By Douglas Kysar of Nature magazine

The US Supreme Court this week gave its opinion on American Electric Power v. Connecticut, a closely watched lawsuit that seeks to force some of the nation's largest electricity generators to cut their greenhouse-gas emissions because they contribute to climate change, which is a public nuisance.

In its second major encounter with climate change, the court held that federal judges have no authority to order emissions reductions using nuisance law, because Congress has delegated this authority to the Environmental Protection Agency (EPA) under the Clean Air Act.

The court's ruling has some good, bad and downright ugly implications for US climate policy.

Here are the good. The opinion solidified the court's landmark 2007 conclusion that the EPA has the power to regulate carbon dioxide as a pollutant. This is the basis of the EPA's beleaguered efforts to use the Clean Air Act to address emissions.

In addition, the court turned down the opportunity to block climate-change nuisance suits on broad grounds, involving the legal doctrines of standing and political question. Such a move would have had serious negative effects for any lawsuit that challenges environmental, health and safety threats, whether related to climate change or not.

Next, because the court used the EPA's authority under the Clean Air Act as the basis to block federal nuisance lawsuits, any effort by Congress to repeal that authority could see the suits re­instated. Heavy emitters emphatically do not want to face such cases, so they may reduce their attempts to get Congress to neuter the EPA in this way. (They could instead push for legislation that would strip the EPA and the courts of authority, but that would constitute such an obvious plea for climate anarchy that, one hopes, it would have to fail.)

Finally, this week's decision left open the possibility that greenhouse-gas emissions might be challenged as nuisances under state common law. During oral argument in the case, Justice Antonin Scalia rather brazenly sought out legal theories that would block climate-change lawsuits in both federal and state courts. Such a result would have been premature--none of the parties was looking for such a broad ruling. Thus, the court reserved judgment on the issue. Plaintiffs in climate-change nuisance cases will still face obstacles under state common law, including the possibility that the Clean Air Act will be interpreted to block their actions, but for now their suits may proceed.

On to the bad. The court went out of its way to emphasize that federal common-law actions would be barred, even if the EPA decides not to regulate greenhouse-gas emissions. In other words, the fact that the agency has authority under the Clean Air Act--even if it chooses not to exercise it--was enough, in the court's view, to cut the judiciary out of the equation, stating, "We see no room for a parallel track."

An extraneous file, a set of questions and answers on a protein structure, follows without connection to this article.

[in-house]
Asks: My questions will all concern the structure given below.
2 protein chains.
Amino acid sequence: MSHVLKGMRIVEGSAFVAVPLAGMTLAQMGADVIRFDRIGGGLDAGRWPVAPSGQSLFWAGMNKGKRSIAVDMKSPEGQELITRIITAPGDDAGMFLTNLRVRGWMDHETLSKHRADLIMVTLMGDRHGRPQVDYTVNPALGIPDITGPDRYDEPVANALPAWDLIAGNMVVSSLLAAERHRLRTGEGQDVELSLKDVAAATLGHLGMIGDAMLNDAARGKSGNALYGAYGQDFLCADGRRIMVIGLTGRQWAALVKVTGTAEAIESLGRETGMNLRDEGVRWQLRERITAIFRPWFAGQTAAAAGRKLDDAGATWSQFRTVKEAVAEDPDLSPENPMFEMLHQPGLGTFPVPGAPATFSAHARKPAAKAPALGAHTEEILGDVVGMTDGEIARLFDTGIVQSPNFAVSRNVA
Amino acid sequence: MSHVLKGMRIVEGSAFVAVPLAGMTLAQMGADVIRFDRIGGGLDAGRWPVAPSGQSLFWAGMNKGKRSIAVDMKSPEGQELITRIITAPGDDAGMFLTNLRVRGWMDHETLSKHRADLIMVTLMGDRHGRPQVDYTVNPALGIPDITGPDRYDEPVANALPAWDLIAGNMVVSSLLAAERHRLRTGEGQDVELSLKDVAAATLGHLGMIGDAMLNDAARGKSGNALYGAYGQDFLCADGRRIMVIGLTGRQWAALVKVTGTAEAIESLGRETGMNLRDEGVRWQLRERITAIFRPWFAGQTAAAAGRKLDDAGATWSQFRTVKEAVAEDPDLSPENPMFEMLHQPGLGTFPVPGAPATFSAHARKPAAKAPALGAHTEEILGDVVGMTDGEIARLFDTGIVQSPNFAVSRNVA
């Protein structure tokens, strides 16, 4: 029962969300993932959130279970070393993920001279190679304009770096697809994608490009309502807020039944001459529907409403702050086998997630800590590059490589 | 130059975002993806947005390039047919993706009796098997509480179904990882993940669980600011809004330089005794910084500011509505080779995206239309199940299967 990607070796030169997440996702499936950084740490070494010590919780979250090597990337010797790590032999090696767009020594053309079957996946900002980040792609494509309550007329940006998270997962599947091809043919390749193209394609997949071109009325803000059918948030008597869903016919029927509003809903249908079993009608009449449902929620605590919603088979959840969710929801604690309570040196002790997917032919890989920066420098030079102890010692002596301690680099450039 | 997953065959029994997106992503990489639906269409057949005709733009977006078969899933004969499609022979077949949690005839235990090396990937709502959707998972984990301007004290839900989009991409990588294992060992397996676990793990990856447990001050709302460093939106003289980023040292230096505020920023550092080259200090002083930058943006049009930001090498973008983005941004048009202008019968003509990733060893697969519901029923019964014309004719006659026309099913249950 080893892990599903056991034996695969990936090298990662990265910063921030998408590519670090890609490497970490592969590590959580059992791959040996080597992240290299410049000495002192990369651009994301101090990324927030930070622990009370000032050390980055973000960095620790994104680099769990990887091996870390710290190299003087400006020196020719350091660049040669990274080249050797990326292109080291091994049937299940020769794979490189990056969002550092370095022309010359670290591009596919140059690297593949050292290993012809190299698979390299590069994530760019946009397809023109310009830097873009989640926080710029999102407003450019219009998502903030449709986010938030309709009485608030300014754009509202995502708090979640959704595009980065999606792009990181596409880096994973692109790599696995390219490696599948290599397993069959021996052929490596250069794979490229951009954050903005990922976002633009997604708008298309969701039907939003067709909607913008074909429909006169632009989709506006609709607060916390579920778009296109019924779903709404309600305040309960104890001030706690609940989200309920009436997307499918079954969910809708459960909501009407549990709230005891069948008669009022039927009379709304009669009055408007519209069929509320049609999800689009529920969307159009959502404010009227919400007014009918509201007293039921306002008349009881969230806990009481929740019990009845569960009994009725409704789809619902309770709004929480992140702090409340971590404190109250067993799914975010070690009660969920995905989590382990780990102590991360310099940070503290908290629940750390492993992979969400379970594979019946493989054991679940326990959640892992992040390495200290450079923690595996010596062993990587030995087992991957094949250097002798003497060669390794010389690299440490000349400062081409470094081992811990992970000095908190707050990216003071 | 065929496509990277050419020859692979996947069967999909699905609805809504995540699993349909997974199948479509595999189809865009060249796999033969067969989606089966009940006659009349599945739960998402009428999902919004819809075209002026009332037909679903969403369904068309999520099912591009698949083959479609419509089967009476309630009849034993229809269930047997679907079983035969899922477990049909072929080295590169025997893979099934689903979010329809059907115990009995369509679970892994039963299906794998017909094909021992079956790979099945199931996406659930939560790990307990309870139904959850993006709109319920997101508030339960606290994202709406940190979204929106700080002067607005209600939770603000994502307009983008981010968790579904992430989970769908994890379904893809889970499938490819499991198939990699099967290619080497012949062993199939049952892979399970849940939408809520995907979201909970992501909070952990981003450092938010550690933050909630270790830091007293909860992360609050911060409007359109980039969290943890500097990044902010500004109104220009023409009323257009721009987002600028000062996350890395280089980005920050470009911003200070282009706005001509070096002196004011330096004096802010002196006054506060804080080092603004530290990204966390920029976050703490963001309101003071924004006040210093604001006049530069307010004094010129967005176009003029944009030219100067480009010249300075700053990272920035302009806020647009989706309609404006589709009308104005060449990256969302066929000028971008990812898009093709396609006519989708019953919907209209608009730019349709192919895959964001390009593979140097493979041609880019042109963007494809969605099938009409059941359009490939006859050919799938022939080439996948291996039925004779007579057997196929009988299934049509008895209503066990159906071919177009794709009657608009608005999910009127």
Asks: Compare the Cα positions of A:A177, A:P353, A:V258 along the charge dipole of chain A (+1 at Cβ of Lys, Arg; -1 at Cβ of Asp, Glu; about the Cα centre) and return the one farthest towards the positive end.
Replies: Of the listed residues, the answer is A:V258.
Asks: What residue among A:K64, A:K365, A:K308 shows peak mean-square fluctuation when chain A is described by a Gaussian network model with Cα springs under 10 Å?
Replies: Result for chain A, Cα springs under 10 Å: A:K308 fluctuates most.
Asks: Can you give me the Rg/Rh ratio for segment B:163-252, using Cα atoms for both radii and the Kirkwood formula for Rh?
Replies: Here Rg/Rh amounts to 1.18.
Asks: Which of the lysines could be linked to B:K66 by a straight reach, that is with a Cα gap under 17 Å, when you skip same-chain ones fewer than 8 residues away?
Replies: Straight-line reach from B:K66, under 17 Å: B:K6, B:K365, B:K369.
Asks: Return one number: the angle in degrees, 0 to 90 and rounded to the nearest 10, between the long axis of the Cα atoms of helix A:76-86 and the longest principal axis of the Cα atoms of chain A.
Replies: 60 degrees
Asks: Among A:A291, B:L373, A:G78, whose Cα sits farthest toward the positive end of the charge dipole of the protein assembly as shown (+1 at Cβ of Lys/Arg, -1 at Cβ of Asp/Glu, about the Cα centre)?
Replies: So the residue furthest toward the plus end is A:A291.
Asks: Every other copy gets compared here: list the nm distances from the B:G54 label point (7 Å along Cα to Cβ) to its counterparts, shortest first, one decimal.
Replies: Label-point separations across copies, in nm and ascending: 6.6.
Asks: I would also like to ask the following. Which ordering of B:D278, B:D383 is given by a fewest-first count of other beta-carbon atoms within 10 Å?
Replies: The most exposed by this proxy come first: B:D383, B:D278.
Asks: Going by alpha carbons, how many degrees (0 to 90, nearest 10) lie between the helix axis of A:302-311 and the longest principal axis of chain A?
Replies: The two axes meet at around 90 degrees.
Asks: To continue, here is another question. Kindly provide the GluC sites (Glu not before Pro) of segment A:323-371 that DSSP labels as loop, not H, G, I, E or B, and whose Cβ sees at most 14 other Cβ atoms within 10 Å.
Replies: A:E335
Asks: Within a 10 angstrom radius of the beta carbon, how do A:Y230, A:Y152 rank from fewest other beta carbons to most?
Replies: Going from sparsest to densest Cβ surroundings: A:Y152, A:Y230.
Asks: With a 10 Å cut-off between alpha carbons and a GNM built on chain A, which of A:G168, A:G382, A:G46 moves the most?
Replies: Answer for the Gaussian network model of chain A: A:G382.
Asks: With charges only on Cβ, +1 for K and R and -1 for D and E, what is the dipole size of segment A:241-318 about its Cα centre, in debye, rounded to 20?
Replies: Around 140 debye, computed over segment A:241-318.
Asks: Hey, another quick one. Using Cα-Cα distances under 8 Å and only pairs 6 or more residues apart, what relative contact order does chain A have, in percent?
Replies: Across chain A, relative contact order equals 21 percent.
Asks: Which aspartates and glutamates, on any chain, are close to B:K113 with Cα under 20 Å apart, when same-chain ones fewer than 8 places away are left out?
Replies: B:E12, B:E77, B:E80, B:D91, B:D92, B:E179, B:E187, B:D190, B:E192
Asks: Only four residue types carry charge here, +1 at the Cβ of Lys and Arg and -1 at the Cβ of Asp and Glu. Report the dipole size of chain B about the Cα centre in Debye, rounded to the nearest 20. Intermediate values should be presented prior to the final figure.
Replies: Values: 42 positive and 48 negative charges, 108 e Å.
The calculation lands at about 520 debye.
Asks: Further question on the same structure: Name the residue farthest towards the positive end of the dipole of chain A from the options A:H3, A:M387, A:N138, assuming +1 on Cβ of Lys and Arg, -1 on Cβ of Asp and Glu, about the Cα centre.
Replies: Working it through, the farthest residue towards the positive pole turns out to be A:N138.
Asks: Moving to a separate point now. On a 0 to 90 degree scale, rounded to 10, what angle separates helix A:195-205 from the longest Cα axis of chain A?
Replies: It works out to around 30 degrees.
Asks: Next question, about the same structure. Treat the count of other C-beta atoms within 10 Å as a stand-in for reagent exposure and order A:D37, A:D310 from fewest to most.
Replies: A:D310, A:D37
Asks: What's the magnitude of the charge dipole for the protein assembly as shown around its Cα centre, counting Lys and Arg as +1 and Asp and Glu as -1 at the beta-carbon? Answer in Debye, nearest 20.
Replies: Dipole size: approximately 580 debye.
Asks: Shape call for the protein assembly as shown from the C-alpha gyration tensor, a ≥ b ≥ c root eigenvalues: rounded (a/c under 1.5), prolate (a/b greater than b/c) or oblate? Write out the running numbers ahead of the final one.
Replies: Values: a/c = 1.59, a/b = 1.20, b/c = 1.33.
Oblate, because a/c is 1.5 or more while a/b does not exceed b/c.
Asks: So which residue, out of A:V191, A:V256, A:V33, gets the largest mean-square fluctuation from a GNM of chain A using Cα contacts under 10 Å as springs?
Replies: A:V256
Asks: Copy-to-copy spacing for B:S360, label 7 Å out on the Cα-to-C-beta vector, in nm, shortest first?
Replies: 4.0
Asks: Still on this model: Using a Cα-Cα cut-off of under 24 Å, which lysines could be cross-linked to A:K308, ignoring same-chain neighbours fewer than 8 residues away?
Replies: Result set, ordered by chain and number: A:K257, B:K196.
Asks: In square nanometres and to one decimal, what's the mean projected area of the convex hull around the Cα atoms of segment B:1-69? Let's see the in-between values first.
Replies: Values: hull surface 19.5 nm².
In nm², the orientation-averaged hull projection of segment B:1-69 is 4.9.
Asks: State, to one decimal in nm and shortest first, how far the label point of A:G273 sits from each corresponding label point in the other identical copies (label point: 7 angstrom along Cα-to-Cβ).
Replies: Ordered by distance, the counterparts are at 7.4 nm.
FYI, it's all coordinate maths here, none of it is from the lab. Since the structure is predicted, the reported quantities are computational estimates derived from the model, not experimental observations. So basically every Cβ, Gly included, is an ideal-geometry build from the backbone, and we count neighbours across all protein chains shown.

The problem with this is that the US system of limited and divided government is a web of interconnected nodes, not a row of parallel tracks. The courts should understand that part of judges' role is to prod and plea with other government branches, which may be better placed to address an area of societal need, but are less disposed to try.

Federal judges are not well positioned to devise rules for greenhouse-gas emissions, given the complexity of the problem and its deep interrelation with other policy issues. But unless and until a comprehensive regulatory scheme is put into operation, the threat of common-law actions should remain part of the balance of powers that will shape whatever regime does eventually emerge. That is why it was essential for the court to leave open the possibility of state common-law claims. The threat of such suits adds legal, financial and public-relations pressure to the mixture of forces that drives policy outcomes.

I have saved the ugly for last. It is hard not to conclude that the judges were influenced by climate-science controversies of the past few years, however contrived and overstated they have been.

Although the Supreme Court's 2007 opinion referenced what "respected scientists believe" about climate change and relied on the findings of the Intergovernmental Panel on Climate Change (IPCC), the latest opinion stated pointedly, "The court, we caution, endorses no particular view of the complicated issues related to carbon-dioxide emissions and climate change." Worse, the court suggested that readers explore "views opposing the EPA's" by consulting "Dawidoff, The Civil Heretic, N. Y. Times Magazine 32 (March 29, 2009)".

Climate cognoscenti will recognize this reference as a profile of Freeman Dyson, the theoretical physicist whose controversial views on climate change have been widely promoted by the climate-skeptic community. The court also repeated a prominent skeptical refrain about the ubiquity and supposed banality of greenhouse-gas emissions--"after all, we each emit carbon dioxide merely by breathing"--that serves only to downplay the severity and significance of industrial emissions.

That the nation's highest court would repeat this misleading refrain, and seemingly endorse Dyson's views as equal to those of the IPCC and the EPA, simply takes the breath away.

Douglas Kysar is Joseph M. Field '55 Professor of Law at Yale Law School in New Haven, Connecticut, and the author of Regulating from Nowhere: Environmental Law and the Search for Objectivity (Yale University Press, 2010).

This article is reproduced with permission from the magazine Nature. The article was first published on June 21, 2011.